Introduction to cinema as a medium for artistic communication. Interpretation and analysis of films to understand designs, ideas and values in artistic and cultural contexts. Basic elements of cinema structure and cinema terminology, phases of cinema production, cinema style of individual directors, creative work of cinematography, production design, and editing, ideological and social meaning in cinema, demographics of visual representation, cinemas economic marketplace. Ethical values and conflicts as found in given films, and ethical reasoning as part of the analysis of cinema.
Introductory filmmaking course. Thematic conception and story construction, writing, producing, directing, cinematography, sound recording, and editing.
Rotating topics in cinema production. Designed for majors in the Department of Theatre and Cinema who have foundational training in areas of cinema production. May be repeated for credit with different course content up to a maximum of nine credit hours.
Intermediate-level fiction film production course. Foundational cinema production skills, dramatic storytelling techniques, intermediate directing, team- based ownership and responsibility, and project management.
Intermediate-level, non-fiction, film production course for students seeking non-fiction documentary film production skills and experience. Emphasizes the application and advancement of foundational skills, the ethics of documentary filmmaking, story development and project management.
Explores race and representations of African American images in film, from multiple disciplinary perspectives. Focuses on the social, political, economic, and historical milieu in which black film emerged and evolved. Examines gender issues in filmmaking. Reviews different genres, including race films, colorblind representations, and black exploitation films, and the appropriation of black representation and black images in film in the United States and elsewhere. Includes methods of film analysis, such as historical, master narrative structure, and archival research.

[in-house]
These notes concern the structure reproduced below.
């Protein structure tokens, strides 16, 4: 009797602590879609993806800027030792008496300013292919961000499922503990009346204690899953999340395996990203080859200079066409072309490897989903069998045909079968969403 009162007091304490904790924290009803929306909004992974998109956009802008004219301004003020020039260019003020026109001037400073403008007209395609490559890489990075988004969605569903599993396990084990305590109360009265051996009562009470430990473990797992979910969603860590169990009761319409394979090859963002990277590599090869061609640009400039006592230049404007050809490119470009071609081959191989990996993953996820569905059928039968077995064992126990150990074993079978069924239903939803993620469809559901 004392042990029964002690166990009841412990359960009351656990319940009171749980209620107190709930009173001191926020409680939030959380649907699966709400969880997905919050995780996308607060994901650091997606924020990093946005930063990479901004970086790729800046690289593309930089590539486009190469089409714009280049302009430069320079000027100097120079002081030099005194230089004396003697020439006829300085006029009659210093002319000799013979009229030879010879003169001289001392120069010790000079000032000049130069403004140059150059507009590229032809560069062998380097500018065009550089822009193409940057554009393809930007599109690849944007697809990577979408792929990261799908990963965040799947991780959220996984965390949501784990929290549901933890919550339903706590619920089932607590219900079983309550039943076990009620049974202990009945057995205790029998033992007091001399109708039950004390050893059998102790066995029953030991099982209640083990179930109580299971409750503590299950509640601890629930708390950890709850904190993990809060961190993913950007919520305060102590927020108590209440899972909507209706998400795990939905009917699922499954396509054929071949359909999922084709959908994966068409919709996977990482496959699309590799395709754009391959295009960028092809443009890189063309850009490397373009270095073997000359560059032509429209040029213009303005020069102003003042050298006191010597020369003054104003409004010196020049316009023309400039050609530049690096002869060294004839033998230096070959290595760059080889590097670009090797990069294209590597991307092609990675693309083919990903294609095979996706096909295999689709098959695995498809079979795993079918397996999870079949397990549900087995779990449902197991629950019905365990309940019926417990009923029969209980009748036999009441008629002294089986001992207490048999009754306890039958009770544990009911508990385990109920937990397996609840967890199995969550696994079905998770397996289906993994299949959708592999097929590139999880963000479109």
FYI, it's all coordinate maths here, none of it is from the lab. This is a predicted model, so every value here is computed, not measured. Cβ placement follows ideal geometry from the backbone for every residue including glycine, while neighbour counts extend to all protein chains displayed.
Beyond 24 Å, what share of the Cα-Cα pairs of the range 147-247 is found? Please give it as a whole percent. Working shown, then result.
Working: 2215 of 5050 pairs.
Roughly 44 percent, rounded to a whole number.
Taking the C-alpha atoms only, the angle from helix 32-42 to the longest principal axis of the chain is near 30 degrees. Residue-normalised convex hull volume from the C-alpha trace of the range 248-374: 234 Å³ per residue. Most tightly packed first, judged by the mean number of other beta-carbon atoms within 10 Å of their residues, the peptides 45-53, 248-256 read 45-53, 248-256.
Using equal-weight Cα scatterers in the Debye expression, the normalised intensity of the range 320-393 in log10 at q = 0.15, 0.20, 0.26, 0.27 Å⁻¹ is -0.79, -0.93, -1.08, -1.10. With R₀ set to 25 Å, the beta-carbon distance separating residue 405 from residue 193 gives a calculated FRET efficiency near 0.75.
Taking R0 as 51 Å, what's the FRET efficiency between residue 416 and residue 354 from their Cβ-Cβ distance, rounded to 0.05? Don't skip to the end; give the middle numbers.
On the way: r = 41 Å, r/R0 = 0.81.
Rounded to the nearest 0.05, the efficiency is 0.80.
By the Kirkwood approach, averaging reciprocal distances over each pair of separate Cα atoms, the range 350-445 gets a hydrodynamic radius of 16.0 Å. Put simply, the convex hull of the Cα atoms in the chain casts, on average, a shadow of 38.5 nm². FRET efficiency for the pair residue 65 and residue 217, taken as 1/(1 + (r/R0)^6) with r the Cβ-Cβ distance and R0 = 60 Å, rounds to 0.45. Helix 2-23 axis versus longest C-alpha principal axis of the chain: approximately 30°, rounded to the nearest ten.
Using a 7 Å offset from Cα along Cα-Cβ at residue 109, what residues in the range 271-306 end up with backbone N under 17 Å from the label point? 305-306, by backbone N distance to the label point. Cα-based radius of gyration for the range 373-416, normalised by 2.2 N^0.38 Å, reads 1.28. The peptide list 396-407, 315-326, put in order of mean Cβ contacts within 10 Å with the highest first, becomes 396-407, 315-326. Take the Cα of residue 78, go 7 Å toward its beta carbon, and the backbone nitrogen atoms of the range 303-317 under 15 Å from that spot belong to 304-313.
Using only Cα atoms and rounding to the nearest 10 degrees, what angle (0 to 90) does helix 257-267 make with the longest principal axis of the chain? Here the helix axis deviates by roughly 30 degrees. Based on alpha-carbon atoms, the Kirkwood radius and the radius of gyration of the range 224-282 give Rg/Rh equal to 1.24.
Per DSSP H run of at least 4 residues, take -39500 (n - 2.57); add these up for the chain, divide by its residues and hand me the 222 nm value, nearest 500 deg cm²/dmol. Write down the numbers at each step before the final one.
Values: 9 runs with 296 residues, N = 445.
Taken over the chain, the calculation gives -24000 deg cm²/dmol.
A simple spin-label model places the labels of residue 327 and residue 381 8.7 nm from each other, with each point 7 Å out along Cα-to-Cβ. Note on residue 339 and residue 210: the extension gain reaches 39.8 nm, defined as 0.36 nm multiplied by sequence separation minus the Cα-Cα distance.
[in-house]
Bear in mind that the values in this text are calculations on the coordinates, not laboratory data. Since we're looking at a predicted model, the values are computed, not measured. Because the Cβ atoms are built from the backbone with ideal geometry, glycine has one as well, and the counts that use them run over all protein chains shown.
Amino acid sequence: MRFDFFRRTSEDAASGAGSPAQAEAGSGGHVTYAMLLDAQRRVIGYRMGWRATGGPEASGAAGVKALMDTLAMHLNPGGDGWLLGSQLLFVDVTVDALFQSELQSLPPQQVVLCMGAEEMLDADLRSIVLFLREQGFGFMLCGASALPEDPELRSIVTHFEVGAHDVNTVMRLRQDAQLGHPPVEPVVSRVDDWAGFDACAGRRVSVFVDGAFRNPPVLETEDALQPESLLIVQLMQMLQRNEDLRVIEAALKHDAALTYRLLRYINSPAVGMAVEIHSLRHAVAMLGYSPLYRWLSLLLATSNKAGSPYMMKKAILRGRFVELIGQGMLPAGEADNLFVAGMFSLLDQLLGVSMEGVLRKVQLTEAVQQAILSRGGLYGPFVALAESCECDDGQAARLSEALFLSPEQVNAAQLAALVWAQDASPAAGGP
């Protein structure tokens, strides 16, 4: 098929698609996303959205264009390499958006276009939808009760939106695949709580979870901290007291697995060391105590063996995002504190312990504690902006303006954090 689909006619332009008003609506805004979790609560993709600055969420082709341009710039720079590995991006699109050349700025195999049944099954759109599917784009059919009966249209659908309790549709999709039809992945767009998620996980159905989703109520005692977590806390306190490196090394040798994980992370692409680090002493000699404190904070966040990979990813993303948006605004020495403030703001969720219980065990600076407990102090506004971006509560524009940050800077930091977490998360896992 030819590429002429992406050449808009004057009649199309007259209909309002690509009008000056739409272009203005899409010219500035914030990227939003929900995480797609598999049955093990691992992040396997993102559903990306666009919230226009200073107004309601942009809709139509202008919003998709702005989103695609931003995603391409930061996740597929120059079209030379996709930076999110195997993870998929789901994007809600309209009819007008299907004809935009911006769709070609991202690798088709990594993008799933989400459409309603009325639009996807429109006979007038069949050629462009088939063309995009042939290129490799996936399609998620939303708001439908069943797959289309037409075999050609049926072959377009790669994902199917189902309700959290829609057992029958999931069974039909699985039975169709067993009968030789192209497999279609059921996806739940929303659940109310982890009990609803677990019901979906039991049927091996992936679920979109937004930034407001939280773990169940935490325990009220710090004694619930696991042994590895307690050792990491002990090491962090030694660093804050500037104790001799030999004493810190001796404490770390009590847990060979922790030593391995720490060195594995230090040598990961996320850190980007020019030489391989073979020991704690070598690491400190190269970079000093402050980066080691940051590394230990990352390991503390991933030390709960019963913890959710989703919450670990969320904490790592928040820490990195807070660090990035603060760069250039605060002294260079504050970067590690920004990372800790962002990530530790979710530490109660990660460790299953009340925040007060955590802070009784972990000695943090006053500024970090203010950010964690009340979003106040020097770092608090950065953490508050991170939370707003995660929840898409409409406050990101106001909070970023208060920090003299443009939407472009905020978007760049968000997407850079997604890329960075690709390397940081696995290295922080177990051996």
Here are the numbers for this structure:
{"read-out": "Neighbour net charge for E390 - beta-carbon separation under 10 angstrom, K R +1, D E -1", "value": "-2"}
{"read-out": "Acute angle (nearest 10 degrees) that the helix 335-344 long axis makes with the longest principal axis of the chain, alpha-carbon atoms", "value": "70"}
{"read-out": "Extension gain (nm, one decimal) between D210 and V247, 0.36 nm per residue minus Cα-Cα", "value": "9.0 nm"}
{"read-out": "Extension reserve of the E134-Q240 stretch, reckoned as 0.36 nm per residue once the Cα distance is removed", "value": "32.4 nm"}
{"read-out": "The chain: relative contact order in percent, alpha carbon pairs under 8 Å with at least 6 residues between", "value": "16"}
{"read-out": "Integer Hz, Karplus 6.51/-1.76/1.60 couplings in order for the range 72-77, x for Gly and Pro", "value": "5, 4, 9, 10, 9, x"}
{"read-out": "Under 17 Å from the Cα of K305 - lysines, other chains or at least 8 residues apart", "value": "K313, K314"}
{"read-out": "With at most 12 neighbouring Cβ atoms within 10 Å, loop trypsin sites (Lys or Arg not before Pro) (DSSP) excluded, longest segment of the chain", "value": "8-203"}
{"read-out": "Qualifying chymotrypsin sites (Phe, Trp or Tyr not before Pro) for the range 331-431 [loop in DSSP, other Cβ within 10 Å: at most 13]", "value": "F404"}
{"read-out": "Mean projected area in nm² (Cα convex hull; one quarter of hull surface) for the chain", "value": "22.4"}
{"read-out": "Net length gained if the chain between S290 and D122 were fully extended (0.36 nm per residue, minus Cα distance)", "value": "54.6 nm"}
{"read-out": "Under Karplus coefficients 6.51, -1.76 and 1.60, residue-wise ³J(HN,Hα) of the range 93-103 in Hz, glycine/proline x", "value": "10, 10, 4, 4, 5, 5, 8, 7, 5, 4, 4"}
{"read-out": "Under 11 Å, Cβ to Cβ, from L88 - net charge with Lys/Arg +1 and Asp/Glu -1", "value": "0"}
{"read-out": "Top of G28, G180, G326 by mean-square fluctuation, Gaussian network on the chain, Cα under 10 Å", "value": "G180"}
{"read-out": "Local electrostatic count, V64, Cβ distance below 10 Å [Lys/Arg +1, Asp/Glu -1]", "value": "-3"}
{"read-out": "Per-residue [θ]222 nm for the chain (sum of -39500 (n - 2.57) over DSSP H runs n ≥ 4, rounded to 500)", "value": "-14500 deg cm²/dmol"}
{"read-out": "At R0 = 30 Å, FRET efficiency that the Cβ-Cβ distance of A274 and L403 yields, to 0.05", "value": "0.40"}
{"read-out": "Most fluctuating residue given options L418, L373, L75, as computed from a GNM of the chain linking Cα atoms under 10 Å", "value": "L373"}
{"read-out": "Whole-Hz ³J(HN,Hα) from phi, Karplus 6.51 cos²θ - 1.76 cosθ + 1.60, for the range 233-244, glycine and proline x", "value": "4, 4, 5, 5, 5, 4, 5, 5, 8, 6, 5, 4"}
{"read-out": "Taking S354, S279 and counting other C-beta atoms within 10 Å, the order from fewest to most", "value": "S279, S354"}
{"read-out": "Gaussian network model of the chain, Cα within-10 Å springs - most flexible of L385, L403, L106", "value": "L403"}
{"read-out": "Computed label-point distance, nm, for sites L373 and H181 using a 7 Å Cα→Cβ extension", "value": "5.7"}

Close visual and cultural study of classic film genres with emphasis on cinematic styles and narrative conventions which unify the genre and which are found in representative films; exploration of genre films as symbols of American culture and society. Specific thematic content is variable. Course may be repeated with different course content for up to 9 credits.
Close thematic and visual analysis of the films of prominent cinema directors; emphasis on cinematic structure and development and evolution of their work. Specific thematic content is variable. Course may be repeated with different course content for up to 9 credits.
Close visual and cultural study of the avant-garde and experimental tradition in the first half-century of American and European cinemas; emphasis on interrelations of cinema with avant-garde movements in other arts, including literature, music, dance, theatre, painting, and photography
Works of literature and the films into which they have been transformed; emphasis on differences between media.
Aesthetic, economic, social and technological history of world cinema; film theory as it relates to the history of cinema. Junior standing required.
Critical issues in cinema. Aesthetic, social, political, and economic contexts for films that embody or critique assumptions of historical periods. Analysis of ethnocentric and cultural biases in cinema. Identifying issues of identity and equity in films. Theories and ethics of representation. May be repeated 2 times with different content for a maximum of 9 credits.
Close visual and cultural study of underground cinema and culture from the 1940s through the 1970s; emphasizes the interrelations of cinema with countercultural movements in other arts, including literature, music, dance, theatre, painting, and photography; focuses on the post-war avant-garde, the emergence of film societies, the neorealist and new wave cinemas, challenges to censorship laws, and the emergence of cult and midnight movies.